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Michael Cera Goes Tripping in Chile for 'Crystal Fairy'

Crystal Fairy is deeply, dippily sincere, while Jamie (Michael Cera) turns snidely impatient with anyone who doesn't help him complete his quest for the hallucinogenic cactus called the San Pedro.

Crystal Fairy

Director: Sebastian Silva
Cast: Michael Cera, Gaby Hoffman, Agustín Silva, José Miguel Silva, Juan Andrés Silva
Rated: NR
Studio: IFC Films
Year: 2013
US date: 2013-07-12 (Limited release)

In This is the End, Michael Cera played a grotesque version of "himself", a hard-partying, coke-snorting, sexual-harassing jerk of an actor named "Michael Cera". The role wasn't exactly new: Cera has long been willing to push against the meek, nerdy roles that defined his persona on Arrested Development and in Superbad and Juno. The web series Clark and Michael paired him with Clark Duke for plenty of low-key bad behavior; he played comic-book character Scott Pilgrim as kind of a squirrely whiner; and now, in Sebastian Silva's Crystal Fairy, he plays Jamie, a toxically self-centered jackass.

We meet Jamie as a proverbial Ugly American, vacationing for an undetermined time in Chile. As the movie begins, he's already hooked up with a trio of Chilean brothers (played by the director's brothers, Agustín Silva, José Miguel Silva, and Juan Andrés Silva). They plan to acquire a hallucinogenic cactus called the San Pedro, and ingest it on a beach. At a party before they leave for their self-appointed mission, Jamie meets an earth-mother type who calls herself Crystal Fairy (Gaby Hoffman), then invites her along on the trip.

That's about all there is to Silva's mostly improvised film: Jamie, the brothers, and Crystal Fairy look for the cactus, drive out to the beach, and get on each other's nerves. While Jamie and his supposed friends address each other as "man" with perfect notes of passive-aggression, he and Crystal Fairy clash right down to their souls. She is deeply, dippily sincere, going on about healing stones and walking around naked, while Jamie is antsy to get his drug and take it as soon as possible, turning snidely impatient with anyone who doesn't help him to this end.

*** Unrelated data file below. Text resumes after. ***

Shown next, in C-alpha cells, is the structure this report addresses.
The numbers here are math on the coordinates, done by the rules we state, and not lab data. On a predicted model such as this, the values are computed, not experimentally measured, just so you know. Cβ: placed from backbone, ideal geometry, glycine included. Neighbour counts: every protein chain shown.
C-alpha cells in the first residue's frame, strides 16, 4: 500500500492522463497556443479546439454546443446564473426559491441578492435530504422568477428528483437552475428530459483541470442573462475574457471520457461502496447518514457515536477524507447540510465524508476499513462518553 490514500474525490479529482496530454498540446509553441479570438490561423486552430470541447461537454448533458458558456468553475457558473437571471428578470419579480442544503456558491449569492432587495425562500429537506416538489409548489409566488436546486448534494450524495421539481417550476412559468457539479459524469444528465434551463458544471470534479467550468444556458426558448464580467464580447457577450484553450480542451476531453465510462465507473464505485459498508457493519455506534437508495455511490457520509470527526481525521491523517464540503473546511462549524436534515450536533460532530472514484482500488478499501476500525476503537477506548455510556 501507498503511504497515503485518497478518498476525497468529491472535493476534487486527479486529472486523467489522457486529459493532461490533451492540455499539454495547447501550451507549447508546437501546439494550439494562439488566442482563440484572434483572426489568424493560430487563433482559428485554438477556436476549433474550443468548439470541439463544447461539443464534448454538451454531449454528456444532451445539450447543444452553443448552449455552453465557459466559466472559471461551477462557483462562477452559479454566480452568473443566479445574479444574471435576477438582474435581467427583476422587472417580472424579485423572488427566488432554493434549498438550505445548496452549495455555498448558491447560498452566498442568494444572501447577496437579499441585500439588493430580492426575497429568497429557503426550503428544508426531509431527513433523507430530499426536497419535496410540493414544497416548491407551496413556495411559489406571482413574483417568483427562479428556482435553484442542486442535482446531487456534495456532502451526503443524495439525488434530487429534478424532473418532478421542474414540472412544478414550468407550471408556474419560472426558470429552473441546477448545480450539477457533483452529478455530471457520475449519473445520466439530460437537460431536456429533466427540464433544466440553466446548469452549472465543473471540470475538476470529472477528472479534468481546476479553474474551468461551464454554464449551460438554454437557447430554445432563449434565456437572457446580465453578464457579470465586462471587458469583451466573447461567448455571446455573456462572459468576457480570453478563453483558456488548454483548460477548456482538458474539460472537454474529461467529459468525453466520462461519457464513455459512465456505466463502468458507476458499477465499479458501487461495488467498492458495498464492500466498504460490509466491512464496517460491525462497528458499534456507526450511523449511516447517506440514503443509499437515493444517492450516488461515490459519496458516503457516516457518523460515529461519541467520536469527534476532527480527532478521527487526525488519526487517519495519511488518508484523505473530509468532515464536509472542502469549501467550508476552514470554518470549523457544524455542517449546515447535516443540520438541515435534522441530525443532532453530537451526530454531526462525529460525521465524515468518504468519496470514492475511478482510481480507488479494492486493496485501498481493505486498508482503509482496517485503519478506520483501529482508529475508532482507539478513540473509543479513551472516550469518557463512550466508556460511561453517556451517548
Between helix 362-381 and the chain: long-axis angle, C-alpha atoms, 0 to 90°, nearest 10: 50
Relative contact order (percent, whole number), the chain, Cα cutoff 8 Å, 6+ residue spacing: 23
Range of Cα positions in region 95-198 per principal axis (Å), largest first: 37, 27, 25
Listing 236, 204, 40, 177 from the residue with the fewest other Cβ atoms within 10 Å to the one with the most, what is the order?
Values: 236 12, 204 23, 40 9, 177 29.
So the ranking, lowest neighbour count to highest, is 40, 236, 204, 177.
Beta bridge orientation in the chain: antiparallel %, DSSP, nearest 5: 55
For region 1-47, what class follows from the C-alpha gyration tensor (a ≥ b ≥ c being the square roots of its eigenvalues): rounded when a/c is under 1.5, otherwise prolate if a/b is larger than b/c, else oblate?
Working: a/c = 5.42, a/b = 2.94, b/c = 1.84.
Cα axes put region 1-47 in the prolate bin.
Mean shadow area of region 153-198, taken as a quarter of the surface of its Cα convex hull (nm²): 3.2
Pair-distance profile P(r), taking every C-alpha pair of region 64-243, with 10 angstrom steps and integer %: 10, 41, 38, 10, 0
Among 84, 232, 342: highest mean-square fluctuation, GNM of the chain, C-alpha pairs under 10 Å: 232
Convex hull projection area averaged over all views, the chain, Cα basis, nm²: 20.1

Jamie gets as close as possible to open disdain of Crystal Fairy (whom he dubs "Crystal Hairy" after observing her shaving habits), without quite crossing the line into direct confrontation. Cera's physical transformation makes Jamie's meanness convincing: the loss of baby fat from his face leaves his nose looking sharper and more defined, and he's let his moppish hair grow out so he sometimes looks borderline wolfish. As Jamie prowls for drugs, the insistently flaky Crystal tries to ingratiate herself to the "boys", as she calls them, adopting a maternal, slightly lecturing tone with them. The Silvas roll with it, but Jamie resists, and so the movie almost plays as a sour romantic comedy between two fairly insufferable people. It helps that the two improvising actors have mastered the conversational patter of their subcultural types -- hipster and hippie, respectively.

Jamie and Crystal's mutual insufferability is often very funny, but the movie hits the same notes over and over, the characters repeatedly bumping up against each other's unchanging personalities. At 70 minutes, such recurrence might have seemed a wonderfully realized character sketch. At 100, Crystal Fairy (full onscreen title: Crystal Fairy & the Magical Cactus and 2012) grows tedious.

This plot problem is alleviated to some extent by the film's look. Once the druggy part of the trip begins in earnest, the movie gets prettier and slower, occasionally recalling the hallucinatory eeriness of Gus Van Sant's Gerry. Silva makes subtle changes in the cinematography's color timing to mark the varying levels of trippiness, and an evocative closing shot almost feels self-reflective.

Still, the movie stops more than it properly ends. Indeed, Cera and Silva's collaboration isn't over: Crystal Fairy will be followed later this summer by another film, also shot in Chile, called Magic Magic, conceived before this one but shot afterward. Maybe it will provide opportunity for Cera to explore further his variations on male self-consciousness, and for Silva to push his material beyond smart sketching.


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